I’ve had a fascination with hedges for many years, and feel profound dismay at the sight and sound of the annual flailfest along the roads and lanes here in Sussex. I still have my “The History of the Countryside” by Oliver Rackham which was a course textbook for my Agriculture and the Environment degree at Wye College back in the 90’s. It’s one of those textbooks I looked forward to reading, and voluntarily read passages beyond that which I was asked to study as I found it so illuminating, and I think this is probably what sparked my interest in landscape use; medieval history is another subject I find deeply absorbing and being able to detect markers from this time period (and before) in the fields we walk is pretty mind-blowing.
It is too depressing to quote the stats on post-war hedgerow (and meadow, and woodland) loss, but what about the hedgerows we do still have clinging on? And what does this have to do with regenerative beekeeping?
It’s often a surprise to people to learn that honey bees are a woodland species. They nest in tree cavities, and are part of the fauna that utilise these valuable and wholly underrated voids alongside many species of birds and mammals. Honey bees also preferentially forage on tree flowers, so having hives on our land really focusses the mind on what we can provide for them. In turn, this benefits a vast number of other species, and this principle – in essence – is the concept of regenerative beekeeping.
I live in rural Sussex, and my house backs on to conventionally-farmed arable land with my apiary nearby. Consequently the hedges are cut regularly, giving that well-known profile of varying depth of congested top growth and bare trunks with all the pastoral charm and beauty of a breezeblock. They are far from achieving their potential, but nonetheless form an incredibly valuable haven for the birds, and I often see yellowhammers, dunnocks, robins, whitethroat, blackcap and stonechat singing from the odd twig poking out from the flat top. They are not stockproof so the deer, badgers, rabbits, foxes and pheasants use the ‘musits‘ to pass between the fields, and there is the ubiquitous and useless barbed wire trailing at mammalian eye/ear/antler height (ironic that it is so frequently pointless even though it is covered in well, points…).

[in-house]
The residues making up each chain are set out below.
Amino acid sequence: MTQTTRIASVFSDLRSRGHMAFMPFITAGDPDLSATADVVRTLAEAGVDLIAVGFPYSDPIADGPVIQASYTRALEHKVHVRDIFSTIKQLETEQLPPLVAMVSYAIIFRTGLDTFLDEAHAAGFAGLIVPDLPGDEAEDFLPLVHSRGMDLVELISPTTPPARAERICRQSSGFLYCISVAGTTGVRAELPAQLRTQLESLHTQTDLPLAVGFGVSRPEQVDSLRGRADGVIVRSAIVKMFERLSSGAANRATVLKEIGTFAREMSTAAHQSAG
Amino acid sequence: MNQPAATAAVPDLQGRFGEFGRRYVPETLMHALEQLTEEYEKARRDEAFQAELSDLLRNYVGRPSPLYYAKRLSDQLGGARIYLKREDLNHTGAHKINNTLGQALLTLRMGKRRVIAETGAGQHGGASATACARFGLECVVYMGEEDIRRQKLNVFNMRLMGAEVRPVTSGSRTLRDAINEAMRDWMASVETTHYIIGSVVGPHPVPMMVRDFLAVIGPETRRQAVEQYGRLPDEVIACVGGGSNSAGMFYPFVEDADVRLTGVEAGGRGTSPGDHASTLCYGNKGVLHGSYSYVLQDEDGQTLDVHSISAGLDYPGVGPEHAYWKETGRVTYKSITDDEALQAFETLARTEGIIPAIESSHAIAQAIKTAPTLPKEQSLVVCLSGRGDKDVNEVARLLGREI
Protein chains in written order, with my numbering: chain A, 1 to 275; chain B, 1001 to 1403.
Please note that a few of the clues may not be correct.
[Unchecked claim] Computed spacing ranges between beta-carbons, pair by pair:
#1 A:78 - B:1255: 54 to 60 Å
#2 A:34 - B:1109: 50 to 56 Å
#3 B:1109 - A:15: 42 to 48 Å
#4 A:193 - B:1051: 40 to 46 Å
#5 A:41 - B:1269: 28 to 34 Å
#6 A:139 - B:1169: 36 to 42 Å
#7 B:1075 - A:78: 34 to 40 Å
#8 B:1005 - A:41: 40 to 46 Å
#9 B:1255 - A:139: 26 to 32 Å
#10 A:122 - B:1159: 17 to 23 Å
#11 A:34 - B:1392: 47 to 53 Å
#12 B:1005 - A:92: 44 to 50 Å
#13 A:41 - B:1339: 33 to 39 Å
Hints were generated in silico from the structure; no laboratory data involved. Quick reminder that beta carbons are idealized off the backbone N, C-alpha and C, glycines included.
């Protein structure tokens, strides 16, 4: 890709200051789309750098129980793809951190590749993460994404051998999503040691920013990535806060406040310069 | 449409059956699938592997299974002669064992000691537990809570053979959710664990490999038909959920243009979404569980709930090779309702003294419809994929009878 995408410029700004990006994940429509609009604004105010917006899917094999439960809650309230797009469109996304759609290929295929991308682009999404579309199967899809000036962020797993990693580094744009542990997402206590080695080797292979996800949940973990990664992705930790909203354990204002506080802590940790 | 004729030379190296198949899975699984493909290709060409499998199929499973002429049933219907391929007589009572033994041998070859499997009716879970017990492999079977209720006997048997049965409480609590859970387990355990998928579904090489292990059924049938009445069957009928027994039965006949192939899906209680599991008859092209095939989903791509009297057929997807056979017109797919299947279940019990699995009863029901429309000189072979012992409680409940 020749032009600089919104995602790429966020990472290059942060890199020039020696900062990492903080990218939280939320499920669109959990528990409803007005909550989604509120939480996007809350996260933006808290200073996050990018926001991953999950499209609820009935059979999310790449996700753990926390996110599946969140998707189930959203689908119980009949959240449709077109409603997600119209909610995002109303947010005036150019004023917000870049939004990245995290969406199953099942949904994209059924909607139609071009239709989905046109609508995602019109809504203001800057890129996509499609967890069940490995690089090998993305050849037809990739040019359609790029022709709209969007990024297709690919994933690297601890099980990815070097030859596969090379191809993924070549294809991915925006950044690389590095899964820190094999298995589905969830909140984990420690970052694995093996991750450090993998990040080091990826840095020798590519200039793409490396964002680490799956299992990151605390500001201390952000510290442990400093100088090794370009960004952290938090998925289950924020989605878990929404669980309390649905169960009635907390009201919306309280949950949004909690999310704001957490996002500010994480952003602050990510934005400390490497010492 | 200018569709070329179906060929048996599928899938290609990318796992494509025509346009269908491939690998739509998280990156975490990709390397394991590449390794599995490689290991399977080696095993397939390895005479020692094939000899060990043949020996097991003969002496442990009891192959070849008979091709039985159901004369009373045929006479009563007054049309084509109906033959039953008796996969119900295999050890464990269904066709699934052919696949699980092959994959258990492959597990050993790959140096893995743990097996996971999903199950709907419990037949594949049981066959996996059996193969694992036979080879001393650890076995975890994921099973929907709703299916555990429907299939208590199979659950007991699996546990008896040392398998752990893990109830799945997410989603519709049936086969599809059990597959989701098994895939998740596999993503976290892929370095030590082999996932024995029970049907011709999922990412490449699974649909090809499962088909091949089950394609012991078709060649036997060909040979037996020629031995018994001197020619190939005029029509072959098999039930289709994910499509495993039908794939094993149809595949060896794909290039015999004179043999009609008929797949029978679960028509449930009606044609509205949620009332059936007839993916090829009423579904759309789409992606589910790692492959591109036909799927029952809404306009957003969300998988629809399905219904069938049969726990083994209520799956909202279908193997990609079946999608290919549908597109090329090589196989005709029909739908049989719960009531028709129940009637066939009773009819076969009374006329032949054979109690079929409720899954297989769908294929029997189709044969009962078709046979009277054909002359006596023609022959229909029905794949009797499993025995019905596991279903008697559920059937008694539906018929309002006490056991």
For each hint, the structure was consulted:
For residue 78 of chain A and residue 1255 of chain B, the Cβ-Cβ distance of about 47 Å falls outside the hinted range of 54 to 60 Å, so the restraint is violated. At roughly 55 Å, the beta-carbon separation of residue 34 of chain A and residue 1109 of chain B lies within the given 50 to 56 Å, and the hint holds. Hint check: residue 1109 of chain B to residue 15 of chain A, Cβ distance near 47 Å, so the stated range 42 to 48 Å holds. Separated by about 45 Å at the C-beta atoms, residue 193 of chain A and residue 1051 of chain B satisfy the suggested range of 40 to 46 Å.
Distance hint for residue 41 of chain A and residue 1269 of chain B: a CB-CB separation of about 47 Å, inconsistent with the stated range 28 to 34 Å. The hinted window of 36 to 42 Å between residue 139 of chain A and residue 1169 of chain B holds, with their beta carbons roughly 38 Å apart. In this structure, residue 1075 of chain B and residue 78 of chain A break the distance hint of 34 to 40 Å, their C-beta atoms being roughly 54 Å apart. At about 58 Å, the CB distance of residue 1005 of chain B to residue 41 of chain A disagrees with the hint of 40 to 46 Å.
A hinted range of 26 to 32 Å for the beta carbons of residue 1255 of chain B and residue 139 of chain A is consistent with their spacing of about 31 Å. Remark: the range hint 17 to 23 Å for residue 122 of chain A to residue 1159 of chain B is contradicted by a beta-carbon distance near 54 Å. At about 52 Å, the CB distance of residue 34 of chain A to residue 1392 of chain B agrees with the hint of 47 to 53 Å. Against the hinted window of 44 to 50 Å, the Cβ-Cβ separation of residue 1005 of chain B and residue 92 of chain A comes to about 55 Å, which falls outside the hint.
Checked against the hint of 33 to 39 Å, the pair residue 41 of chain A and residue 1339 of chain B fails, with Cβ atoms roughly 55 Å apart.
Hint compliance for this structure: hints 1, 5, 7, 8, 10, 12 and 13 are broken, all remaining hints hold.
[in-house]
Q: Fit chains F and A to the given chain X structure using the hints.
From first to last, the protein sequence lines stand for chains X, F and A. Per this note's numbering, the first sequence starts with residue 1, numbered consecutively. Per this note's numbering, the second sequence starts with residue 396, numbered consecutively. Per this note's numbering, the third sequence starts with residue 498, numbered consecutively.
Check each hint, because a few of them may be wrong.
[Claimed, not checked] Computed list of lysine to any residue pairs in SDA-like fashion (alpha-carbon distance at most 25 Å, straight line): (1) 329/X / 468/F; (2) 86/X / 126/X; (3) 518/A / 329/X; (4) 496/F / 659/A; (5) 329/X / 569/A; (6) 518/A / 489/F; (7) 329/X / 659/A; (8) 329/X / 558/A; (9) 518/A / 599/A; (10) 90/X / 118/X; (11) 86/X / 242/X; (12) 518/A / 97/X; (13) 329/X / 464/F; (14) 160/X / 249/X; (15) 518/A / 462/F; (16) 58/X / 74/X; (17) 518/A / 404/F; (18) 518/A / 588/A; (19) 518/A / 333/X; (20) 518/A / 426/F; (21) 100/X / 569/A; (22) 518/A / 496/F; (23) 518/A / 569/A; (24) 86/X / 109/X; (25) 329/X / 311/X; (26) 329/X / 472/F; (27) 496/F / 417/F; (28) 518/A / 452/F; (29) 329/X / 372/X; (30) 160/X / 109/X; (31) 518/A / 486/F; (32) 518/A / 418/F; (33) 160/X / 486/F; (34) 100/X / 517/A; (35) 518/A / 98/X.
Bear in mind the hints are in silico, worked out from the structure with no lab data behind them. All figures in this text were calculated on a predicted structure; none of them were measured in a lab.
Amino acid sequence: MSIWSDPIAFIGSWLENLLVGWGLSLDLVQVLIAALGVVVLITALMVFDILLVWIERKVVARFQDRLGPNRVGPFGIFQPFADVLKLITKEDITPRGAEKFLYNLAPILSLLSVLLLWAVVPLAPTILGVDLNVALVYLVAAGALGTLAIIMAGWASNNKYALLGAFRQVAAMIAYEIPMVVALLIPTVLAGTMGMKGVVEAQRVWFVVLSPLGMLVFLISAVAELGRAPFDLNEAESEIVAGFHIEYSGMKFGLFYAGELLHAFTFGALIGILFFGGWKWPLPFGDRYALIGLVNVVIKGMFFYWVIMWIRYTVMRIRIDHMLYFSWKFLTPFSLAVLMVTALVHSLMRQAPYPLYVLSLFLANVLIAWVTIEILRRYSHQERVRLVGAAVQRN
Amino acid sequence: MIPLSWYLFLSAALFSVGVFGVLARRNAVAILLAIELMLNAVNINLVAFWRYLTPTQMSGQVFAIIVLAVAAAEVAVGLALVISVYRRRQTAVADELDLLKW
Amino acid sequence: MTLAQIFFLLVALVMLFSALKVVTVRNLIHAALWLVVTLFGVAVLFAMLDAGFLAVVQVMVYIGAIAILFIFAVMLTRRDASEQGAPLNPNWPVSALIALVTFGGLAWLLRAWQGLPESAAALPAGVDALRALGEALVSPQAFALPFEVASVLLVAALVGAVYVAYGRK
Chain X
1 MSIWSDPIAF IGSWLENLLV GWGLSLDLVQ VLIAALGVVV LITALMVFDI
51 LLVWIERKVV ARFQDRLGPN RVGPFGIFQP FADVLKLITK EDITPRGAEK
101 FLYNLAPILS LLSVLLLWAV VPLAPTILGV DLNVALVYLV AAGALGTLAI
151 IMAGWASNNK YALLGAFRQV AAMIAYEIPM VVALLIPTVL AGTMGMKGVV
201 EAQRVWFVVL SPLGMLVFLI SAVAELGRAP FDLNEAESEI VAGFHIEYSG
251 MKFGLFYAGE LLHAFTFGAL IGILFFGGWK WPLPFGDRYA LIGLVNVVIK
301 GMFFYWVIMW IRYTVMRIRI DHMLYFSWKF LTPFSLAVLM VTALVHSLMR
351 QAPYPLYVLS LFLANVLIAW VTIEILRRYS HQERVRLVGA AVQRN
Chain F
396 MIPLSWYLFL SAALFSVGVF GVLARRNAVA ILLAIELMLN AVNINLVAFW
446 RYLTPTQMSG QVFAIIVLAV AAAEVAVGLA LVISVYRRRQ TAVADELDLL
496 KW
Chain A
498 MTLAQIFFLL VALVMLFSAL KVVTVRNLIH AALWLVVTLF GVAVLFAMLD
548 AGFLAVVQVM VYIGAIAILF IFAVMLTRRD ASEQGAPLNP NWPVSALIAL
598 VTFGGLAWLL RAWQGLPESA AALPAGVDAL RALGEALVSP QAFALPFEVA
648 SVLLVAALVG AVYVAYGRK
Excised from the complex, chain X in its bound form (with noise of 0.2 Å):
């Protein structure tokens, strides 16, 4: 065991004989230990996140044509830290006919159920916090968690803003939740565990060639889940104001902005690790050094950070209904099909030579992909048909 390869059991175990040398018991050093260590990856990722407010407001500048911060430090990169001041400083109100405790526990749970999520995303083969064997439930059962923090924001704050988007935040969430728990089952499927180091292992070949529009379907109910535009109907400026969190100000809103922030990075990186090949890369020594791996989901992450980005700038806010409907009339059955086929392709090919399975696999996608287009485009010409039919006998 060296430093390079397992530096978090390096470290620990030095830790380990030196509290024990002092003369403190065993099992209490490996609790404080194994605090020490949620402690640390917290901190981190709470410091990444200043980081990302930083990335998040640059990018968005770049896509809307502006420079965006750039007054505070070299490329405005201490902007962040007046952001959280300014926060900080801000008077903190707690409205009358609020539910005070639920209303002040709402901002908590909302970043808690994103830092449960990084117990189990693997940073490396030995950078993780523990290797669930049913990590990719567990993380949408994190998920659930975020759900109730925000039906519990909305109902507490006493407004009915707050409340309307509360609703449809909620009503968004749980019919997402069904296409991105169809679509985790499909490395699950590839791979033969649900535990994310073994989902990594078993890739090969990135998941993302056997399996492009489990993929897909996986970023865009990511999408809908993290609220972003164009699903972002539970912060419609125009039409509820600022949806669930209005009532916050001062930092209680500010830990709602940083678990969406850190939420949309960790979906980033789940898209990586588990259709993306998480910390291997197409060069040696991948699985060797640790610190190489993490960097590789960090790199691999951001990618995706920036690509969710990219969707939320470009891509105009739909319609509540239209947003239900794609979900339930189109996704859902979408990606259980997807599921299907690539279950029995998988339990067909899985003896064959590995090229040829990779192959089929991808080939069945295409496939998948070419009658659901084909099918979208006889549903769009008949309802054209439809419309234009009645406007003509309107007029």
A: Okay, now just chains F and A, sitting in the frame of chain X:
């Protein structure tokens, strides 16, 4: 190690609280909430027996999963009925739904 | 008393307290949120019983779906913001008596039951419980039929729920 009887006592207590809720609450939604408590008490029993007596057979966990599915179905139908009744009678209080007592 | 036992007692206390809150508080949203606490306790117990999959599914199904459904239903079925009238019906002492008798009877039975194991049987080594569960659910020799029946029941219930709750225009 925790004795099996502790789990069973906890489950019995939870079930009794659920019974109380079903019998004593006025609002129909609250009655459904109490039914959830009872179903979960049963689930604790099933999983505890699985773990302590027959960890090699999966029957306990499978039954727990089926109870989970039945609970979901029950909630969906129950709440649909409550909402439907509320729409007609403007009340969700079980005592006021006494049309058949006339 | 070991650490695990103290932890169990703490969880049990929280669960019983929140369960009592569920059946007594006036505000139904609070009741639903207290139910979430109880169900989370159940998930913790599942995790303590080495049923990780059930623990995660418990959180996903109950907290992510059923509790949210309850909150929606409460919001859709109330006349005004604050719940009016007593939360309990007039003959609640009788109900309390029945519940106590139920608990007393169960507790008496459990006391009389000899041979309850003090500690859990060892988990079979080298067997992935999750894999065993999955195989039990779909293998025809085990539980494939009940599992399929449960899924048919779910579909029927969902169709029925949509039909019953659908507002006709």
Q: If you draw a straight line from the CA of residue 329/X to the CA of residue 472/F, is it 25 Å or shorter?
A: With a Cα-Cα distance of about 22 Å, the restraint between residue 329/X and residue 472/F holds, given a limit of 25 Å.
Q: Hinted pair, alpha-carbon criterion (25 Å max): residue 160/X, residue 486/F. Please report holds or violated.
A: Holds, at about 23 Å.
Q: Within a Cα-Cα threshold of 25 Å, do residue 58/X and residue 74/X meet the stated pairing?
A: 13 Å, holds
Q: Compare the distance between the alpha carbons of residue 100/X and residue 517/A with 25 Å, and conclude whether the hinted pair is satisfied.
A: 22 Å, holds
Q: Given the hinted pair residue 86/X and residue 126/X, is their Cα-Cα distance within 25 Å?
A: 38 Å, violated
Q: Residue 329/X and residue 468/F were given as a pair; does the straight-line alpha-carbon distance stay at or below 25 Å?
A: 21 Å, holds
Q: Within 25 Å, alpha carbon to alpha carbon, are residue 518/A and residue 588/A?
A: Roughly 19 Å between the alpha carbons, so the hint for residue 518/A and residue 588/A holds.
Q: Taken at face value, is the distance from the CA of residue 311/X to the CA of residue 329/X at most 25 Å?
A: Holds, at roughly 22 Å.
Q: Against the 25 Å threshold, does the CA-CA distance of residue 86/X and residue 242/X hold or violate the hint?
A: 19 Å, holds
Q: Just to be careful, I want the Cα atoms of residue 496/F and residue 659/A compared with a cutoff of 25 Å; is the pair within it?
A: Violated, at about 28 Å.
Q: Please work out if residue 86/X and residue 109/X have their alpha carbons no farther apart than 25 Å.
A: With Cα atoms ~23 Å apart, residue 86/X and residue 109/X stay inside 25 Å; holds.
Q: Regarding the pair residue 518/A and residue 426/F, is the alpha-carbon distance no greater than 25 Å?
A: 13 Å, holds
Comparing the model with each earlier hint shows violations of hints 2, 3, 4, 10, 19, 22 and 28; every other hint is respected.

Ned the Yellow Lab for scale.
Ok, so some hedgerow better than no hedgerow, and these form a boundary for a bridlepath and cropped fields so there is some justification for keeping them pushed back to the bare minimum.
Move a few hundred yards up to the rough pasture alongside the Cuckoo Trail, and we see some very different and wholly more positive examples:
This too was once clipped, which you can see if you peer under the marvellously messy canopy:
The hedge here is about 6-8m wide with long branches providing dense cover for tits and larger songbirds. These spindly twiggy ends are perfect for butterflies and moths to lay their eggs, as outlined in this file from Butterfly Conservation, and the blackthorn so favoured by hairstreaks flowers profusely making it one of the first proper pollen and nectar sources to come on stream for our bees. Aphids love new growth too, providing essential wet food for birds feeding their fledglings in spring. This land is topped once a year in late summer, and the rest of the time used by walkers, so the only grazing is by deer – of which there are many, both fallow and roe.